Companies can achieve huge cost, operations and productivity benefits from migrating their data and digital processes to the cloud. It takes careful planning, management and execution, along with some forward-thinking, to protect organizations from headachesâ€”and higher costs than they had anticipated.
The costs come in a variety of flavours: sticker shock, technology lock-in, vendor lock-in, failed migrations, controlling access and so on. This could have a significant impact on companies during the entire lifecycle of the application being deployed in the cloud.
Data is the lifeblood of modern business, and managing it properly is essential to being able to extract all the value it offers. The need to manage, cleanse, transform, protect and get value out of data rapidly makes all the difference. Companies that master their data can dominate their competition.
Traditionally, companies have managed their data in-house, using bought-in or licensed technology and software. This is fraught with risk. What the pandemic taught us is that this model does not work; when resources are unable or unwilling to work in the data centres, operations slow down and impact the business. The hardware on which these applications run become obsolete and unwieldy when it comes to scaling the operations to meet higher business demands. The provisioning of additional hardware is a time-intensive and expensive process.
Cloud computing comes as a saviour to those companies that have been stuck with the traditional on-premises approach to enterprise computing. The data centres are all virtual, and cloud providers offer SOC 2 compliance. The principles of SOC 2Â are security, availability, processing integrity, confidentiality and privacy. Scaling on-demand to address peak computational demands, point-and-click provisioning of new hardware and high-speed storage that is configurable all make it worthwhile.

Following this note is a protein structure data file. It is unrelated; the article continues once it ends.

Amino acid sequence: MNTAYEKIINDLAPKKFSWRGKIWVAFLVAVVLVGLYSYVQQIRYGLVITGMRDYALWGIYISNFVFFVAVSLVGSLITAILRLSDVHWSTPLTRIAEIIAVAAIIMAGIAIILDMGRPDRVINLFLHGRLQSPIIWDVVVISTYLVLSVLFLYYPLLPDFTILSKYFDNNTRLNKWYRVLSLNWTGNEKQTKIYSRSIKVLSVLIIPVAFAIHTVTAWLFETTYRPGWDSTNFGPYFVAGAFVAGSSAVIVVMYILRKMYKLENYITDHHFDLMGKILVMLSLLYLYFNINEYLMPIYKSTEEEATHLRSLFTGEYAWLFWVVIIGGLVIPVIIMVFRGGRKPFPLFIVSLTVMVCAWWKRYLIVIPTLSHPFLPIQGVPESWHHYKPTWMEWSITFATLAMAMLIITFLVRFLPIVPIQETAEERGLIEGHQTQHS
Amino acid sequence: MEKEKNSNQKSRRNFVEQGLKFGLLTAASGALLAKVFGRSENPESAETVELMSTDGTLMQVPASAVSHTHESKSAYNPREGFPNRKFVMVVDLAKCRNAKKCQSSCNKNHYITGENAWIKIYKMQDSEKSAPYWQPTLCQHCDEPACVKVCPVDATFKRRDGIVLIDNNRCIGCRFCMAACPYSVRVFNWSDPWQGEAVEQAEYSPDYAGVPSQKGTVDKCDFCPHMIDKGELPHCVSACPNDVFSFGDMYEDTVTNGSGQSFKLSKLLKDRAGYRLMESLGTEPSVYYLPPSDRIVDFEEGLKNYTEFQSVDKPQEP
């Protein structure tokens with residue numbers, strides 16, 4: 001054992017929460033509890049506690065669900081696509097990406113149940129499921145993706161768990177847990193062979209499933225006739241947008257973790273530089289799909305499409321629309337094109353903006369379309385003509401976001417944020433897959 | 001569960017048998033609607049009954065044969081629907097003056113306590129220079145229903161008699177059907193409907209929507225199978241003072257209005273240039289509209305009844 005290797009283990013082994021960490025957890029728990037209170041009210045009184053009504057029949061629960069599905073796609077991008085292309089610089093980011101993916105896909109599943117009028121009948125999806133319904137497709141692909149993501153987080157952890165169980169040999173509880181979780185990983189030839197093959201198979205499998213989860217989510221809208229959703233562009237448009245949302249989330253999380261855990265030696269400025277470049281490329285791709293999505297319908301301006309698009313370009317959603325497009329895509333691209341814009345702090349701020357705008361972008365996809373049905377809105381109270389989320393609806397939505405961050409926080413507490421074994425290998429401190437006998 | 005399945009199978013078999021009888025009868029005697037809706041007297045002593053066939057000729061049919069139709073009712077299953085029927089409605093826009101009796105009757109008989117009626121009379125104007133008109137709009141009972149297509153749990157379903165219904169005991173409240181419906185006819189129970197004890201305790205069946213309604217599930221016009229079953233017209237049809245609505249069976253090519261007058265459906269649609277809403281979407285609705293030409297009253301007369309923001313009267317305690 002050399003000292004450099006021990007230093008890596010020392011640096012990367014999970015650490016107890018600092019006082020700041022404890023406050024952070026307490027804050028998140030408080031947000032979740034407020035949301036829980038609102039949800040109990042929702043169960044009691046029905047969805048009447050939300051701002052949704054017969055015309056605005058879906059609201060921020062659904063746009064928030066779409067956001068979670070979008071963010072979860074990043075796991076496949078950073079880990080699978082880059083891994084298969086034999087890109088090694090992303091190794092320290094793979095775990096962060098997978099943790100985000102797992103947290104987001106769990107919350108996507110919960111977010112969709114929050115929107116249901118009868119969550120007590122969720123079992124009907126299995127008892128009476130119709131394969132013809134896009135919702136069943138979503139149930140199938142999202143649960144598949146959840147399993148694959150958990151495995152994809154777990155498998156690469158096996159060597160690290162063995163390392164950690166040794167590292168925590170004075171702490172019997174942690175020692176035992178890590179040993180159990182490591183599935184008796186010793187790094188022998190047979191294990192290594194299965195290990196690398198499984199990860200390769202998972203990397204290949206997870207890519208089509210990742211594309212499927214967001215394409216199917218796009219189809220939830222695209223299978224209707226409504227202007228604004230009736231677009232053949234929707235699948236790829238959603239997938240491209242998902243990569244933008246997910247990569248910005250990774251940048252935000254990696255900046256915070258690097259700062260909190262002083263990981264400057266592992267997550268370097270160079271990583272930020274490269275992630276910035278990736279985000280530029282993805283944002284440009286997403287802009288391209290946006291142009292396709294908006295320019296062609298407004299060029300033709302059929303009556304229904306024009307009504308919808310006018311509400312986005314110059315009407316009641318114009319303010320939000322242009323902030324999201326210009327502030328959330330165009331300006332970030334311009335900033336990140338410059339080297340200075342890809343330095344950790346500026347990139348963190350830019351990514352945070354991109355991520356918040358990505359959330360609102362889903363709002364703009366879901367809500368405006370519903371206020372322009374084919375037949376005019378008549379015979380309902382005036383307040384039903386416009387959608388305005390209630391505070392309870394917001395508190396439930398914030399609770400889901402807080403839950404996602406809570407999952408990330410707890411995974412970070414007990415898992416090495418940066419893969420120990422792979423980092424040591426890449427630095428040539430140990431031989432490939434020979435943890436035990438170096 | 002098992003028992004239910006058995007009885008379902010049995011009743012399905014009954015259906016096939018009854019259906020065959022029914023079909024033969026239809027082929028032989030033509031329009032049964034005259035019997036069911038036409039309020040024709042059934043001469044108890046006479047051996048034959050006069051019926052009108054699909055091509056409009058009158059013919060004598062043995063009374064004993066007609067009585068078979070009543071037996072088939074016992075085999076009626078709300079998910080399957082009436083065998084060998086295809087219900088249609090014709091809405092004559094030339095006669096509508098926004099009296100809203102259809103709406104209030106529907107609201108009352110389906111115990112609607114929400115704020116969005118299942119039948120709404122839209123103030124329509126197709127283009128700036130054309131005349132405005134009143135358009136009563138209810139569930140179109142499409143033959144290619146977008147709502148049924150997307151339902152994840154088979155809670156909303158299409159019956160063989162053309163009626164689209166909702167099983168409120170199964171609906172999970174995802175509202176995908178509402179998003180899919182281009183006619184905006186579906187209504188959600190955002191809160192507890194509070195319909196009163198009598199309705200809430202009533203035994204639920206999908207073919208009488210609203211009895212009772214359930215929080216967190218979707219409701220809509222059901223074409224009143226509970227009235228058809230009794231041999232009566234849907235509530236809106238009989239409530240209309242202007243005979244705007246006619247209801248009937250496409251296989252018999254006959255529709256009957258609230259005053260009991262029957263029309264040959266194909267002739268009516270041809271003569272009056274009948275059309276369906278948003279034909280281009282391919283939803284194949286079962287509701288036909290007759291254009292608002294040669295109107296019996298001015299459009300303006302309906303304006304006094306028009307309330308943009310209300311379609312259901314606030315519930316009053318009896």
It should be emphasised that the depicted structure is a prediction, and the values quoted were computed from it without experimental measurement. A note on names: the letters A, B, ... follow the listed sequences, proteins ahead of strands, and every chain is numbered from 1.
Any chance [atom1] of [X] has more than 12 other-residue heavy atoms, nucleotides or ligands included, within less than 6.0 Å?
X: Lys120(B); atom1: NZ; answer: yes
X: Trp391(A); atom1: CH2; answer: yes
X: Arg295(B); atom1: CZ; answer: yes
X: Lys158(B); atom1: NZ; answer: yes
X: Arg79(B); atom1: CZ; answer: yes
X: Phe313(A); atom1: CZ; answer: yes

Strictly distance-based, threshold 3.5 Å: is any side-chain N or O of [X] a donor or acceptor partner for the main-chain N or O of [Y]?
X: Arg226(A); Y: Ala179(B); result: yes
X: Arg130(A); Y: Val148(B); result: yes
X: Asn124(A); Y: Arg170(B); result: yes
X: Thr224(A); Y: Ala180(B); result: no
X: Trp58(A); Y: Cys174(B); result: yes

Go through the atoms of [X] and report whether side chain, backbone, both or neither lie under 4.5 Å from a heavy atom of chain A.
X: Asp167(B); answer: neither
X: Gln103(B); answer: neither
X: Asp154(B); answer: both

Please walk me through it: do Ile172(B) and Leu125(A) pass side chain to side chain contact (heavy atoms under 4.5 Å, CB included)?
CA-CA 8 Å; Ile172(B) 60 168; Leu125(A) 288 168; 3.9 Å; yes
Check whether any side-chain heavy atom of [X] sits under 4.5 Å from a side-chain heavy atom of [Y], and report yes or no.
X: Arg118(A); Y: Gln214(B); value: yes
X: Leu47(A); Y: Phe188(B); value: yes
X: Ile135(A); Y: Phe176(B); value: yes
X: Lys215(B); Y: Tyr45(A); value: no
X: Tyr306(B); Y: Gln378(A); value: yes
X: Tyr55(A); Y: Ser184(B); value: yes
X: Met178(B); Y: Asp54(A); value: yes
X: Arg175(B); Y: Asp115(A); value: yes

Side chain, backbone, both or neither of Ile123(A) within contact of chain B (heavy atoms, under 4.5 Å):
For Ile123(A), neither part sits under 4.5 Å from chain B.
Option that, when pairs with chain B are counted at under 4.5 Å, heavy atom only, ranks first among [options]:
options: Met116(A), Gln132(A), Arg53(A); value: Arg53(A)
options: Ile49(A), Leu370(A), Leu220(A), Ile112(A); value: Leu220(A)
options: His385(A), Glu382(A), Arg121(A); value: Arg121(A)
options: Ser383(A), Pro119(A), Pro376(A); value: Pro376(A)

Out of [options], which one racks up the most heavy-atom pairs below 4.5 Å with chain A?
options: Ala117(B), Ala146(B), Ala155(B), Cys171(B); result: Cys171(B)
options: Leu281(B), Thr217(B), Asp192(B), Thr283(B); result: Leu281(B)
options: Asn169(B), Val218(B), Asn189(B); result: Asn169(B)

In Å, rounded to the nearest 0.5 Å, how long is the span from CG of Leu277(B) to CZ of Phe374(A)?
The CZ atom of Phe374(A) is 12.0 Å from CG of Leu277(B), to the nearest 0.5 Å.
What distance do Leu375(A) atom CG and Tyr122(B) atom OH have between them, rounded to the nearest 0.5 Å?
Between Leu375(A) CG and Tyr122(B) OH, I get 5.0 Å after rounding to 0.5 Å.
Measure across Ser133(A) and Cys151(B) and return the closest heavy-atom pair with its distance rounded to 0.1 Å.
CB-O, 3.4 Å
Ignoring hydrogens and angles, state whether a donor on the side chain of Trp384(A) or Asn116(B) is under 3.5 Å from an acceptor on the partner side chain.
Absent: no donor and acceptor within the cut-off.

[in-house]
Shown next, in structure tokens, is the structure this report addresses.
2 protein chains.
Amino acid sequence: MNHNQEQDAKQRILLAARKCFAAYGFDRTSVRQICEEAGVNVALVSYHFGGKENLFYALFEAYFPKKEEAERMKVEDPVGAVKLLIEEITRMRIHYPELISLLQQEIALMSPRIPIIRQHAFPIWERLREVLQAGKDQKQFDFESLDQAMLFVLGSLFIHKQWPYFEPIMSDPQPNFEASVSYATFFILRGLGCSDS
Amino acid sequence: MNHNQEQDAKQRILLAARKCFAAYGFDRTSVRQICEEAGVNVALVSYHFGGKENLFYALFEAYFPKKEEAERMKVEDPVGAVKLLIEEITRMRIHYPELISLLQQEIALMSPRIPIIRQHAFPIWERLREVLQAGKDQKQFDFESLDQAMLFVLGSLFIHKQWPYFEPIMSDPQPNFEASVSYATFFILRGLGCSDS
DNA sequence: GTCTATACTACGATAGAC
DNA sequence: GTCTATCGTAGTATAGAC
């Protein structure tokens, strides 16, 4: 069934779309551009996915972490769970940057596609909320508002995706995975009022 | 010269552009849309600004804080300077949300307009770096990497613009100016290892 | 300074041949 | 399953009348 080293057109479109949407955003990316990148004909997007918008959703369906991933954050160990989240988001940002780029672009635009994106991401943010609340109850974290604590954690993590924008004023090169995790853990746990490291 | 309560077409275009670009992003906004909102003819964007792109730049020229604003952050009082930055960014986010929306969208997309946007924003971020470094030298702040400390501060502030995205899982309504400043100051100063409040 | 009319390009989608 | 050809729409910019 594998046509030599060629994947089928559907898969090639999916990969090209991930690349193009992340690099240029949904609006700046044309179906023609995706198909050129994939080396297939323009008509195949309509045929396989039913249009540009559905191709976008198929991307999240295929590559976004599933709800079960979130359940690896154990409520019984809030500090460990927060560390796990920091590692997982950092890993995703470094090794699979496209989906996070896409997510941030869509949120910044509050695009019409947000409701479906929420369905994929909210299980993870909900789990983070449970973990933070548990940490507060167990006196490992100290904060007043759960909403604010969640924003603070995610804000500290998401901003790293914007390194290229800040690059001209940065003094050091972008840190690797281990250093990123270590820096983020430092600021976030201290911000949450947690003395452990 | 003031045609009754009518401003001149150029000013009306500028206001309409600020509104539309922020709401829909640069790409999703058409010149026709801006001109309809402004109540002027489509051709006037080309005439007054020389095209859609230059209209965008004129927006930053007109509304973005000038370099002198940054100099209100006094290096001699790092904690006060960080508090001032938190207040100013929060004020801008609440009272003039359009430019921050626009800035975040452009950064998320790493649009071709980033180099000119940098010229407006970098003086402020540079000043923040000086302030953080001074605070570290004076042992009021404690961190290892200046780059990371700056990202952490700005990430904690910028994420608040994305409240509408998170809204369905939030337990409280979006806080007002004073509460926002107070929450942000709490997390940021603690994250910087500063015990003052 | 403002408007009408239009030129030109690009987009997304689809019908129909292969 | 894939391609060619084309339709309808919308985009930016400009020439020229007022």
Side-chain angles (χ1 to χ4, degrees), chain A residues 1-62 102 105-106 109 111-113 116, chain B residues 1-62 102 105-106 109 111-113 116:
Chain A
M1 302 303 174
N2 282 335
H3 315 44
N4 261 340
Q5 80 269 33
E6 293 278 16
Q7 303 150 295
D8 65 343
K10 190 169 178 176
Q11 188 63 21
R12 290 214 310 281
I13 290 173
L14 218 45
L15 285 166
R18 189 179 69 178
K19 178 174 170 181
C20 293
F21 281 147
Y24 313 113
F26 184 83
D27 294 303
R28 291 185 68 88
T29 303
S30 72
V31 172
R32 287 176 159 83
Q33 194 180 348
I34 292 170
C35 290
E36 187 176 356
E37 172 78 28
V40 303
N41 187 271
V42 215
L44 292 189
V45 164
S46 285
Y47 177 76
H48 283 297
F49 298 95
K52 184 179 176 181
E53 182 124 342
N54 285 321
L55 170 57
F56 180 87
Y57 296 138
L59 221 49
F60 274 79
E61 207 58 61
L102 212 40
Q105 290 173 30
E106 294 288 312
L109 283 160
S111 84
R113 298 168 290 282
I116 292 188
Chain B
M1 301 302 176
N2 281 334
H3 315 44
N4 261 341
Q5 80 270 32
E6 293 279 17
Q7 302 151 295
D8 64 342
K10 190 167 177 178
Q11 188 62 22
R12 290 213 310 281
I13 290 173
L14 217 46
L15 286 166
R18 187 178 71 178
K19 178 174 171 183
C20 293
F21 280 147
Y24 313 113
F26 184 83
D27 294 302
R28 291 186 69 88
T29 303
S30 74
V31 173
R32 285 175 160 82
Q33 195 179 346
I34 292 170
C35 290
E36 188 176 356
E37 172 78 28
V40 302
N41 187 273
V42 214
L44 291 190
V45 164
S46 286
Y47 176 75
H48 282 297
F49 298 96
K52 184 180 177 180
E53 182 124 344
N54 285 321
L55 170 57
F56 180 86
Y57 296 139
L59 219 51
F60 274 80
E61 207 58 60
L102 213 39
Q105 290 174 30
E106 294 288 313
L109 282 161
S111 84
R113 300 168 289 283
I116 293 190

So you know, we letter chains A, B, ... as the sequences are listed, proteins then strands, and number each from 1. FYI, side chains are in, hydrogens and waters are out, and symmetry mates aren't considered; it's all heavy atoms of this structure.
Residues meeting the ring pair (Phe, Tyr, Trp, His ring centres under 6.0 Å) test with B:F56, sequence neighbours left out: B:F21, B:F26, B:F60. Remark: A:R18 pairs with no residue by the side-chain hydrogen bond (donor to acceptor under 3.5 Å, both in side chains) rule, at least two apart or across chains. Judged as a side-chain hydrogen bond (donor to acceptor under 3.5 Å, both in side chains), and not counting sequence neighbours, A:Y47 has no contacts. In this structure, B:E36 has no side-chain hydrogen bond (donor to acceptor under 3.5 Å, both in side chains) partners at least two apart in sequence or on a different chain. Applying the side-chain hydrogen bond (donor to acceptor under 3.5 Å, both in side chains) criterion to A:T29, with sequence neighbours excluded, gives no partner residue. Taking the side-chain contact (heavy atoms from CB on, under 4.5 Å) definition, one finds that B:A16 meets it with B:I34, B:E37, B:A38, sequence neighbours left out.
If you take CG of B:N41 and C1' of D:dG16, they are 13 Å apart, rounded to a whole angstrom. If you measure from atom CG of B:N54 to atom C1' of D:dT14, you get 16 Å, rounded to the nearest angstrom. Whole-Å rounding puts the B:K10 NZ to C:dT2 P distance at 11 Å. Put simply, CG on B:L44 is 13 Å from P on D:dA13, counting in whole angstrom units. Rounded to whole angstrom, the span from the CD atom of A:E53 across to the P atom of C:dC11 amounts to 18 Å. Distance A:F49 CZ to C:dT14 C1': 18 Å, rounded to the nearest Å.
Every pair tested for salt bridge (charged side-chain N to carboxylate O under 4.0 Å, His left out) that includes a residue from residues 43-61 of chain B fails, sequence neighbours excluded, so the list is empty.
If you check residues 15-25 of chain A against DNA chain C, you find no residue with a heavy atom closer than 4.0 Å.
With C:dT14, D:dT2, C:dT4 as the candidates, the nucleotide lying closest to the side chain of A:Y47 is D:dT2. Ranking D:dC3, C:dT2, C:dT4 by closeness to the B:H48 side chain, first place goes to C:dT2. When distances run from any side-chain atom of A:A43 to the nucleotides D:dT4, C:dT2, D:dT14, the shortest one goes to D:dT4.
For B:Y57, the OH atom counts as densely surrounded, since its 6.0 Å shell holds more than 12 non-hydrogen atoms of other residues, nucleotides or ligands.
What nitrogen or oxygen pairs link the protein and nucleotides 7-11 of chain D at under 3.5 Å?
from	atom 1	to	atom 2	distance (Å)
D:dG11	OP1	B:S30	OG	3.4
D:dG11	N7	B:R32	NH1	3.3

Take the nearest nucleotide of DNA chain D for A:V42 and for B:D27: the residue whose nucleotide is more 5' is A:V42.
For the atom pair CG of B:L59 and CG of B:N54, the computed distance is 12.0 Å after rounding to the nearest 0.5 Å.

The benefits attributed above have triggered a significant exodus to the cloud. As a result of that frenzy to catch up, little attention is paid to what is moved and how itâ€™s moved, opting for expediency over the right way to do it. Companies have embarked on expensive cloud migration projects without putting proper thought into them. The net result is delayed projects and expensive failures.
While companies continue to move applications to the cloud, they may never be able to get 100% of their applications moved to the cloud. The norm will be whatâ€™s commonly referred to as the hybrid multi-cloud environment (i.e., applications distributed between on-premises hardware and one or more cloud providers). As the marketplace evolves, applications may move back on-premises or between cloud providers for a variety of reasons, including cost and innovation. The added complexity in this new world of computing needs companies to pay close attention to aspects such as computing costs, ease of use, security, compliance and privacy. The inability to get insights can result in higher operational risk exposure, loss of reputation and regulatory fines.
Lift And Shift